figure. Among the nation's 20 most populous cities in 2000, Milwaukee 
had the highest rate of black poverty.
The redevelopment of the site is a high priority for city and state 
officials. The city of Milwaukee and the Wisconsin Department of Natural 
Resources (DNR) formed a partnership to investigate and clean up 
potential brownfields sites along a five-mile industrial corridor. The 
A.O. Smith/Tower site forms the northern boundary (see below).

The city and DNR have used federal brownfields funding to conduct site 
assessments at some 20 properties in the corridor, and they have 
recently obtained funds from the U.S. Environmental Protection Agency 
(EPA) to capitalize a revolving loan fund for cleanup in the corridor. 
More recently, the city designated the corridor a "greenlight district," 
a zone where the city makes available funds, such as tax-increment 
financing, to attract businesses, especially green industries, and 
possibly to fund job training.

The state of Wisconsin has also played a role. To further encourage site 
redevelopment, it has designated the A.O. Smith/Tower site as an 
Enterprise Redevelopment Zone and allocated up to $3 million dollars in 
tax credits. To be eligible for the tax credits, companies locating 
their businesses on the site must create full time jobs that pay at 
least 150% of the federal minimum wage.

Redevelopment Challenges

The ability of local residents to influence cleanup and redevelopment 
decisions at the site is complicated by a number of factors. First, 
ownership of the site is fragmented. Properties on the southwest of the 
site have been bought by private investors. Current operations there 
include a recycling plant, warehouses, and distribution centers. On the 
western portion of the site, the city opened a 230,000-square-foot 
Public Works Department facility that currently employs some 300 people. 
But most important, 86 acres on the eastern side of the site, with some 
2.2. million square feet of industrial space, was recently purchased by 
Milwaukee Industrial Trade Center LLC, an investor group led by Midwest 
Rail and Dismantling Co. The intentions of this group are unclear. Some 
local residents are concerned that the site will be divided into smaller 
parcels or leased to various businesses, such as warehousing or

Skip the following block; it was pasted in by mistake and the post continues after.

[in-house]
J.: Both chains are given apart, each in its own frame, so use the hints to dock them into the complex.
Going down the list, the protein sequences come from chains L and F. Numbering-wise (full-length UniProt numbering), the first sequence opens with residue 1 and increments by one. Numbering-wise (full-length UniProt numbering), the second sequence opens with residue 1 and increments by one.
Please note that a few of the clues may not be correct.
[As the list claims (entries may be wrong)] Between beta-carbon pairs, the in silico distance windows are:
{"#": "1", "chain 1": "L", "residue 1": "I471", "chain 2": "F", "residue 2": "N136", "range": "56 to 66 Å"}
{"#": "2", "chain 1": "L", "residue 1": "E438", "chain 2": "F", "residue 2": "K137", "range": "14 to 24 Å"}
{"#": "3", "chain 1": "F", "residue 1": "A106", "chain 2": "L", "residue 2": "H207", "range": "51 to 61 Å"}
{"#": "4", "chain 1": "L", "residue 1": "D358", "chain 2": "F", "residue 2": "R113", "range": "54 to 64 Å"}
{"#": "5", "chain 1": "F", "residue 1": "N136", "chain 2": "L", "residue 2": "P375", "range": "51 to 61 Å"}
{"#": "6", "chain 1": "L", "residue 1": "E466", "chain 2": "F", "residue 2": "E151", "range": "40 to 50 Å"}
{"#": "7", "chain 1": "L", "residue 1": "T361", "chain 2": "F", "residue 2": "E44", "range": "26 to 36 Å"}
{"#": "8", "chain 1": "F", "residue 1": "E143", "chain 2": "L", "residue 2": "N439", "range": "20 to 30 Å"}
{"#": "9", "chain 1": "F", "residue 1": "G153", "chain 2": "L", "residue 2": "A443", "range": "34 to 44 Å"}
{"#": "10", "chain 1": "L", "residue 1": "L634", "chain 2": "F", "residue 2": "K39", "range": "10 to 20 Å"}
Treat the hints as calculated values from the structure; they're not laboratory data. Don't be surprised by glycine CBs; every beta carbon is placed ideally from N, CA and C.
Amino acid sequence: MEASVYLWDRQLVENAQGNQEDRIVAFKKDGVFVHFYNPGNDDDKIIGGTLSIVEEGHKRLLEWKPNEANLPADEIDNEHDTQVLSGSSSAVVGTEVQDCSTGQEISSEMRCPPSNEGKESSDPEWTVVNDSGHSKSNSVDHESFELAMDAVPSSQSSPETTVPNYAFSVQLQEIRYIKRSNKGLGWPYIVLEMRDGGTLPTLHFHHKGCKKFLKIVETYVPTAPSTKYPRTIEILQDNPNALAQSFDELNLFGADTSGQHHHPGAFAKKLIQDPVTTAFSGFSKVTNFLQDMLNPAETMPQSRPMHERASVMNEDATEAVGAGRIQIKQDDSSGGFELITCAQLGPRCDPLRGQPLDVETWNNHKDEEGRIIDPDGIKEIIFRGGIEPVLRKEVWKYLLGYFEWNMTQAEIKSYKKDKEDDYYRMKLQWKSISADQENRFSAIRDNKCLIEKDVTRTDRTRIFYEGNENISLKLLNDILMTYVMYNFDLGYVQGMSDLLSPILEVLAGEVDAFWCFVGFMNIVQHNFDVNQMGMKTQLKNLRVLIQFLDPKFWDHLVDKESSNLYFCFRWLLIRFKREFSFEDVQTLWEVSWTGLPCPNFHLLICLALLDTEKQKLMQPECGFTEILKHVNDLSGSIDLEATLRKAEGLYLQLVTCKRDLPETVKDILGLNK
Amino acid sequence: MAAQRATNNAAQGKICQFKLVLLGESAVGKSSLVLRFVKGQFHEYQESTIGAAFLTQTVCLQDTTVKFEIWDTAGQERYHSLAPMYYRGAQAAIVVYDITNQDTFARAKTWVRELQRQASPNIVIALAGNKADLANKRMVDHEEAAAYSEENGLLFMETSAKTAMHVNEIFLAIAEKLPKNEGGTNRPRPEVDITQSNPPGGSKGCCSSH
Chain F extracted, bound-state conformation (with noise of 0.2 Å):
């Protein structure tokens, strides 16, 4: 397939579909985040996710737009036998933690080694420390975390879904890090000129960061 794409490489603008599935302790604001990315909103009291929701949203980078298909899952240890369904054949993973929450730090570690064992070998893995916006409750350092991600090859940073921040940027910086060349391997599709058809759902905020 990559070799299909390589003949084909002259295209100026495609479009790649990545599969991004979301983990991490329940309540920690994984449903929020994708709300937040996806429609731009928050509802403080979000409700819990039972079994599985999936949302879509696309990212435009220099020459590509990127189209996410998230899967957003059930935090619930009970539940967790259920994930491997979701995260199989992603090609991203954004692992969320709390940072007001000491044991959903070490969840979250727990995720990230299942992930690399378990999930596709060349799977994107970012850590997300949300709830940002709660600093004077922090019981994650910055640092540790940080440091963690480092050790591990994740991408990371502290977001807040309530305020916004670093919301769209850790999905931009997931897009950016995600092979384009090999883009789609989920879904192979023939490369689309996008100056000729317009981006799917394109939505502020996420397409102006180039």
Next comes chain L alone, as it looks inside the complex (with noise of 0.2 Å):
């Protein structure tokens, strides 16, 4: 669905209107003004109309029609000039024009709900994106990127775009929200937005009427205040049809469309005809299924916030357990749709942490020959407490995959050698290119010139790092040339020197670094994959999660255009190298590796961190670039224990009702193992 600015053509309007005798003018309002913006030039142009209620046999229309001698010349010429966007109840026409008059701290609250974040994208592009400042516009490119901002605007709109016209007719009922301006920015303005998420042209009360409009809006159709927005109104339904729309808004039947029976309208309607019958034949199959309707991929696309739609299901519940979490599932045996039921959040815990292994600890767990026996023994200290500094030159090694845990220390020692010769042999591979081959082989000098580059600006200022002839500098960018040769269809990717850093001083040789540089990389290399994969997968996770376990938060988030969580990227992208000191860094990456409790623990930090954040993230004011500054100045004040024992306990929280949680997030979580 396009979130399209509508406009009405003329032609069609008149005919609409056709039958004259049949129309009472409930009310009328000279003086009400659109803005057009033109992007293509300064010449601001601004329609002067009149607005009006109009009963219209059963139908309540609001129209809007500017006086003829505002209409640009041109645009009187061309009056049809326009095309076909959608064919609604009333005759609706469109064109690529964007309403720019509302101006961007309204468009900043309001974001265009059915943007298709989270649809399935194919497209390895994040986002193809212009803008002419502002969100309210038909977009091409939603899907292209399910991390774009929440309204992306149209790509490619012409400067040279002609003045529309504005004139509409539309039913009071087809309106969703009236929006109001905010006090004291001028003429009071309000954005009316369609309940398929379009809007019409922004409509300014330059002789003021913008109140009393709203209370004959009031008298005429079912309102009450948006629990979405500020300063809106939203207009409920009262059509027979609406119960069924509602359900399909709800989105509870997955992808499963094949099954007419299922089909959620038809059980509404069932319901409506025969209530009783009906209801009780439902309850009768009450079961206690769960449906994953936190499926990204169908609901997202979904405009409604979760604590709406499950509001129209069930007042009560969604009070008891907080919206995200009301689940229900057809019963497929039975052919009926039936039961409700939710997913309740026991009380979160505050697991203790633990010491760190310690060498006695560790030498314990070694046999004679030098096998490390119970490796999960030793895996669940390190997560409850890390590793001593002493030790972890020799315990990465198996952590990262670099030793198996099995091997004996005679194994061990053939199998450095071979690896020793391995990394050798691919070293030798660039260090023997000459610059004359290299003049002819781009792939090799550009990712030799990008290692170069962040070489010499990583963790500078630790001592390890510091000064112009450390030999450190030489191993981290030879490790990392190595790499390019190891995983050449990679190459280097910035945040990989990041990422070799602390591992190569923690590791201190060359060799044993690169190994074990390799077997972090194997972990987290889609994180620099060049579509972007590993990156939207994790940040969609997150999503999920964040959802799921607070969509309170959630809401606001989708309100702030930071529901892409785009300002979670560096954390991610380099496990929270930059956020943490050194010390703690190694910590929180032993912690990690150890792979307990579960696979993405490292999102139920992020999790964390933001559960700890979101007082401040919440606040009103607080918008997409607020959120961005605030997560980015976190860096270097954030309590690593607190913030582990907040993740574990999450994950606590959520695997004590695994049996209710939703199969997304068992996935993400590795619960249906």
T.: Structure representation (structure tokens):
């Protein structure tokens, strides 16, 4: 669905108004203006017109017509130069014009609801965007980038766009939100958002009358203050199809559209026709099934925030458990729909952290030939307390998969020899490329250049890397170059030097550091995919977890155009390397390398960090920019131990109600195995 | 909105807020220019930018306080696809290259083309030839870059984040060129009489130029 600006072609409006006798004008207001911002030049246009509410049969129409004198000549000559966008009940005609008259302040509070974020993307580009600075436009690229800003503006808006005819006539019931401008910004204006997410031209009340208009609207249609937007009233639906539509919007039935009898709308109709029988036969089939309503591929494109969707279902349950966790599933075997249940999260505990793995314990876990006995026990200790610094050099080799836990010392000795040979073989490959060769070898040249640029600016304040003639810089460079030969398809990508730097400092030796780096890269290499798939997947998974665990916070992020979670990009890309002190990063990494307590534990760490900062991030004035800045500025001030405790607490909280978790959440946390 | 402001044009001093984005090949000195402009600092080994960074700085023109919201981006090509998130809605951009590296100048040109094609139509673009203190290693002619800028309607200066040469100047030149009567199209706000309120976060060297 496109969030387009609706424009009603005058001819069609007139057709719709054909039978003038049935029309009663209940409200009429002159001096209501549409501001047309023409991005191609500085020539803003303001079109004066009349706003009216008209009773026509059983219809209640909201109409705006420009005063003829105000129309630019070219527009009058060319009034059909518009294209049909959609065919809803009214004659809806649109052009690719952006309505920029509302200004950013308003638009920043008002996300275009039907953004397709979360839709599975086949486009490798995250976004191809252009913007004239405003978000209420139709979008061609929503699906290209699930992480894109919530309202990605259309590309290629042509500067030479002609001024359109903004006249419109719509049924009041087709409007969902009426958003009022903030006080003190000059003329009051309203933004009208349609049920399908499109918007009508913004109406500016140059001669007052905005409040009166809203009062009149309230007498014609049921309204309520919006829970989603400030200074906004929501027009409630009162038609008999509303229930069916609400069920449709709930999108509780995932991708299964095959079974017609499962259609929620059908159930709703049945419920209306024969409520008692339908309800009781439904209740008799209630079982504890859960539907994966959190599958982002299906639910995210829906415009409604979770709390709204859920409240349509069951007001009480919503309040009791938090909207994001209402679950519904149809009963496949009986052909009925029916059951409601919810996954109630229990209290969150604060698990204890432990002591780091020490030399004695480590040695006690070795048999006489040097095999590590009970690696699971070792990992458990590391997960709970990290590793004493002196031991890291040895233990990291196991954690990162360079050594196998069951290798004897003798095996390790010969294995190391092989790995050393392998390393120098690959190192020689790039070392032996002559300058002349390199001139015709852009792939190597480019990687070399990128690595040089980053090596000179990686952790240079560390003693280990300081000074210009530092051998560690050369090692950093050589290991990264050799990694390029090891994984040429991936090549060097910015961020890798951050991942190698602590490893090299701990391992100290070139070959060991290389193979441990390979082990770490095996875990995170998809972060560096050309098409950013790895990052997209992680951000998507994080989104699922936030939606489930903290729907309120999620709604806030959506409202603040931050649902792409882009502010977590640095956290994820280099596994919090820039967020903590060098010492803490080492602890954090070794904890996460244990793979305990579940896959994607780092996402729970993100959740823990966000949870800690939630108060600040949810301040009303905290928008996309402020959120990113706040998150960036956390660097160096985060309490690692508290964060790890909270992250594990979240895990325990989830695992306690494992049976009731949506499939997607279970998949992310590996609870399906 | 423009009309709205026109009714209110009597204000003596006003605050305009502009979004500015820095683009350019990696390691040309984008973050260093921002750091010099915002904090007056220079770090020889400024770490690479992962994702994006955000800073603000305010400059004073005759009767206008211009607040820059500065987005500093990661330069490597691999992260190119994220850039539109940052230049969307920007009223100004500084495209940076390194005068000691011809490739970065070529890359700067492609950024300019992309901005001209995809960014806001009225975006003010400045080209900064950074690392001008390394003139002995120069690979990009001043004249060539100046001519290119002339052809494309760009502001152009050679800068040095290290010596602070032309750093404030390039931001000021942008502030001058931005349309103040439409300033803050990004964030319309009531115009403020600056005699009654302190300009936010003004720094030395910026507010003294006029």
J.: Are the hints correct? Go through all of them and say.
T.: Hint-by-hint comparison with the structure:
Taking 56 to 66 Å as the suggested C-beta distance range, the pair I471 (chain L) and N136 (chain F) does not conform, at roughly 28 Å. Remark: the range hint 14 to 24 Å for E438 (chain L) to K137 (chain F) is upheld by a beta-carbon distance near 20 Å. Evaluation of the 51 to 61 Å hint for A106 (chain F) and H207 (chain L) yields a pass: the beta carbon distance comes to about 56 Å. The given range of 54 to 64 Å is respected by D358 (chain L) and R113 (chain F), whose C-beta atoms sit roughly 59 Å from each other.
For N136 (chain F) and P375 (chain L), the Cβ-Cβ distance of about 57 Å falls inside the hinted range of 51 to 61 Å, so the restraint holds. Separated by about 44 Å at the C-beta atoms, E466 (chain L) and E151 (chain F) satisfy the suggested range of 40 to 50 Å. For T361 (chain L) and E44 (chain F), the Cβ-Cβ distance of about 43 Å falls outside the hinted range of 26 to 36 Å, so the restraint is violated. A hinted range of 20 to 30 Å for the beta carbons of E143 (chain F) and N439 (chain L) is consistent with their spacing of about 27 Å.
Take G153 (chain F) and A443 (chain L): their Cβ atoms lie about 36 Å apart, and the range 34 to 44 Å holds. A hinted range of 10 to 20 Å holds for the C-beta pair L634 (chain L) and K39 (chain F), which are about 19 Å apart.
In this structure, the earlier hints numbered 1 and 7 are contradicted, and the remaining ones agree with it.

distribution centers, that provide relatively few good jobs. Others 
believe that the investor group, aware of the city's interest in buying 
the property, is willing to sit on the site until the city meets its 
sales price, thus adding more uncertainty to the redevelopment process.

Second, while the city and DNR have been able to assess the 
environmental conditions of some 20 sites in the corridor, they have not 
done so for the A.O. Smith/Tower site. Thus, they do not have a detailed 
picture of possible contamination issues. The corridor properties where 
assessments have been conducted are either city-owned or tax-delinquent. 
At these sites, the city has the authority to issue inspection warrants 
to gain access, conduct site assessments, and if need be, undertake 
sampling. By contrast, the A.O. Smith/Tower site has been in private 
hands for a century. Over the past few decades, the DNR has investigated 
various company-reported hazardous chemical spills, but there has not 
been, to our knowledge, any site-wide assessment or systematic sampling 
to determine the nature and extent of contamination. After a century of 
heavy industry, the site undoubtedly has some degree of contamination. 
But until community groups and others have a better handle on its 
severity, it is unclear what cleanup options are on the table, and how 
these options may hinder or facilitate reuse options for the property.

And third, the redevelopment of the A.O. Smith/Tower site is part of a